General Motors is racking up electric cars right and left, ranging from the relatively inexpensive Chevrolet Equinox EV to the flagship Cadillac Celestiq super-sedan, all riding on the modular Ultium platform. That flexible architecture is getting another variant with the massive 2025 Cadillac Escalade IQ, an all-electric SUV that will join its internal combustion sibling in the company’s lineup.
The Escalade is one of the most important vehicles in the Cadillac stable, so the automaker threw everything it had at the IQ electric version. With a GM-claimed 450 miles of range courtesy of a battery measuring more than 200 kilowatt-hours of usable energy, the Escalade IQ’s preliminary specifications are as impressive as its bold styling. Add in a dashboard-wide infotainment screen, four-wheel steering, and up to 8,000 pounds of towing capacity and you’ve got the ingredients for yet another appealing luxury SUV – only this time it’s electric.
Gallery: 2025 Cadillac Escalade IQ
The scalable Ultium EV platform accommodates the Escalade IQ’s 24-module battery, twice as many as the smaller Lyriq SUV and its usable 102.0-kWh capacity. Cadillac hasn’t copped to specifics yet, but its 200-plus-kWh battery sounds like a dead ringer for the 212.0-kWh unit in the GMC Hummer EV. Like the Hummer, the Escalade IQ will use an 800-volt electrical architecture, likely matching its corporate cousin’s 350-kilowatt maximum DC charge rate.
Cadillac says the IQ will provide up to 100 miles of range in 10 minutes of charging on a public 350-kW charger. A 240-volt, dual-level onboard charger is standard, recharging the Escalade at a rate of 14.8 miles of added range per hour at 7.7 kW – some back-of-the-napkin math would suggest a 0 to 100 percent chage time of about 30 hours. The IQ can also accept up to 19.2 kW from AC power, and on a 240-volt outlet that can provide that much juice, the SUV will fully recharge in about 13 hours, or 37 miles per hour.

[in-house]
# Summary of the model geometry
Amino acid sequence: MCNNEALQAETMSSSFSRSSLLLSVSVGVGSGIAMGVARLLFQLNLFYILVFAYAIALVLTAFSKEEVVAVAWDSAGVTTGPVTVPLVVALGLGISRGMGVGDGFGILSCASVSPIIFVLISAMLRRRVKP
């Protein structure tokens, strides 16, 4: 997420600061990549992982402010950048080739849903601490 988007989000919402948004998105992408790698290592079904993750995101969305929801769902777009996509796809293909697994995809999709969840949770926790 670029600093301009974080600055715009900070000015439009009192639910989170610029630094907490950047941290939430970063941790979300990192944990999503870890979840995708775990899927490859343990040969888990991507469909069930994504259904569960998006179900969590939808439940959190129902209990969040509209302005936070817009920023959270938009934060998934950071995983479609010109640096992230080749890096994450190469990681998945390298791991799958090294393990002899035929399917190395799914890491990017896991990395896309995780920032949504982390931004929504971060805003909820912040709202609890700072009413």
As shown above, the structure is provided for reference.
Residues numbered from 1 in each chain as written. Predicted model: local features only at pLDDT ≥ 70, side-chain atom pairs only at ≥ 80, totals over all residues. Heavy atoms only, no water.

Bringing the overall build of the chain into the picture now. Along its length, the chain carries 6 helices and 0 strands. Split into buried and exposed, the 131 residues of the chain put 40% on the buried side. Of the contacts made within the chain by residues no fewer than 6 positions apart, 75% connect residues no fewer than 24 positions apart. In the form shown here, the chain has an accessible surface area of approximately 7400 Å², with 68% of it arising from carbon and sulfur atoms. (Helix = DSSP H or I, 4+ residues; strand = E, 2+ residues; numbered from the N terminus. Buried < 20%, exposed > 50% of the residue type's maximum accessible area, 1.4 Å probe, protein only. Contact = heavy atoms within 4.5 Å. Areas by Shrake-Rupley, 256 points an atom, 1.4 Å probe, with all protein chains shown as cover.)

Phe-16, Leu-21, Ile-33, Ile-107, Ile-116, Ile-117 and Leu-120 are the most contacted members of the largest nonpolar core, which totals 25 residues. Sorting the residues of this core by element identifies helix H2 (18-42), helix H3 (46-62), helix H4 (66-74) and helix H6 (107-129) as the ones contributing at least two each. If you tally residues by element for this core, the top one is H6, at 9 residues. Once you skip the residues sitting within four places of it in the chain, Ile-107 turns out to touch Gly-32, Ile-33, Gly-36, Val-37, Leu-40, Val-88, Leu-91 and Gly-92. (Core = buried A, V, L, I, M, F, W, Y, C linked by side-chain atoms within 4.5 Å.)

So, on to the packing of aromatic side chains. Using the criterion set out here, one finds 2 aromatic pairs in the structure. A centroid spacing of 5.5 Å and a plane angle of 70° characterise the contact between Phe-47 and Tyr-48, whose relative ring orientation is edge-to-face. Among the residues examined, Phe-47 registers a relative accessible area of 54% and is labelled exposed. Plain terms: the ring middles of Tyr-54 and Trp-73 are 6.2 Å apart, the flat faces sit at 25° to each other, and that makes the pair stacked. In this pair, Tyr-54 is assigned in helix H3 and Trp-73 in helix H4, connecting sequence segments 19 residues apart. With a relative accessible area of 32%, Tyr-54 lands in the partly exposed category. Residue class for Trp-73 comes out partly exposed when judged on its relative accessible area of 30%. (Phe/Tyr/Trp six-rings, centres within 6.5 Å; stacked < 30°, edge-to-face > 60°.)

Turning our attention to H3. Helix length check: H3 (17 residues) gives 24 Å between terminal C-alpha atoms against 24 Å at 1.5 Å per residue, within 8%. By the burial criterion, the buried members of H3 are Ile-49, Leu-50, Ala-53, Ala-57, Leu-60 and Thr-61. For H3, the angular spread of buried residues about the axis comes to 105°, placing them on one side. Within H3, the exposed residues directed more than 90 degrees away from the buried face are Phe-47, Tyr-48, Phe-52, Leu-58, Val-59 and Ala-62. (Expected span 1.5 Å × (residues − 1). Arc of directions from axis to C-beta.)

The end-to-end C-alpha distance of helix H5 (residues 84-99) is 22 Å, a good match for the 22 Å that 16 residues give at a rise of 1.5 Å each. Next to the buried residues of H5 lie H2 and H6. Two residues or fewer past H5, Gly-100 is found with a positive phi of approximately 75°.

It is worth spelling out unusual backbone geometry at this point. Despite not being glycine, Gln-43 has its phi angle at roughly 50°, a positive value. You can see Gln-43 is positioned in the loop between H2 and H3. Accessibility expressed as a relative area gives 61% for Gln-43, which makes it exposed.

Thanks to dual permanent-magnet motors, the Escalade IQ boasts standard all-wheel drive, with 680 horsepower and 615 pound-feet of torque in the SUV’s normal drive mode. Switch it over to so-called Velocity Max and those numbers jump to 750 hp and 785 lb-ft, which Cadillac claims will shove the ‘Slade to 60 miles per hour in less than 5 seconds. The 2025 Escalade IQ will also be able to tow 8,000 pounds, according to the company’s estimates. One-pedal driving and selectable brake regen are standard, as is a heat pump helps reduce the energy load from the five-zone automatic climate control.
Like its GMC Hummer and Chevrolet Silverado EV cousins, the Escalade IQ will receive four-wheel steering, with a low-speed diagonal driving function called Cadillac Arrival Mode. An air suspension and magnetic dampers are standard, lowering the Escalade by up to 2 inches for aerodynamics or raising it an inch for clearance. The electric SUV will also boast a vehicle-to-home (V2H) function within its bi-directional charging system, meaning customers will be able to draw power directly from their cars via a properly installed at-home charger.
Every Escalade since the 1999 original has had imposing styling, and that won’t change with the new electric variant. The Escalade IQ shares a lot of design DNA with the internal combustion model, with an upright front grille and long roofline, but many of the details have been revised for better aerodynamics and a more futuristic appearance. On the latter front, vertical headlights are a departure from the ICE Escalade’s squinting eyes, with a Cadillac IQ–signature illuminated grille that looks less brash and blocky than some of us expected.
Ditto the flowing side profile, which gets a crisp shoulder line running from the front fender to the taillight, as well as a crease down low on the doors that collects some light. Although Cadillac says the silhouette is instantly recognizable, the 2025 Escalade IQ’s D-pillar is canted forward aggressively in a departure from the squarer rooflines of ICE variants. The trailing edge sports a thin, edgy strip of lighting – recalling the tailfin-like motif seen on every Escalade since the 2015 model – but now, each taillight is split into two elements, with the lower units clearly paying homage to the gorgeous, $300,000 Celestiq.
Cadillac didn’t ignore aerodynamics with the new design either, optimizing the shape of the vehicle’s trailing edges, smoothing out the underbody, and adding grille shutters to the front end that close when cooling needs are low. The net result of that work is a 15-percent lower drag coefficient – our math says the Escalade IQ might hit 0.31 or so.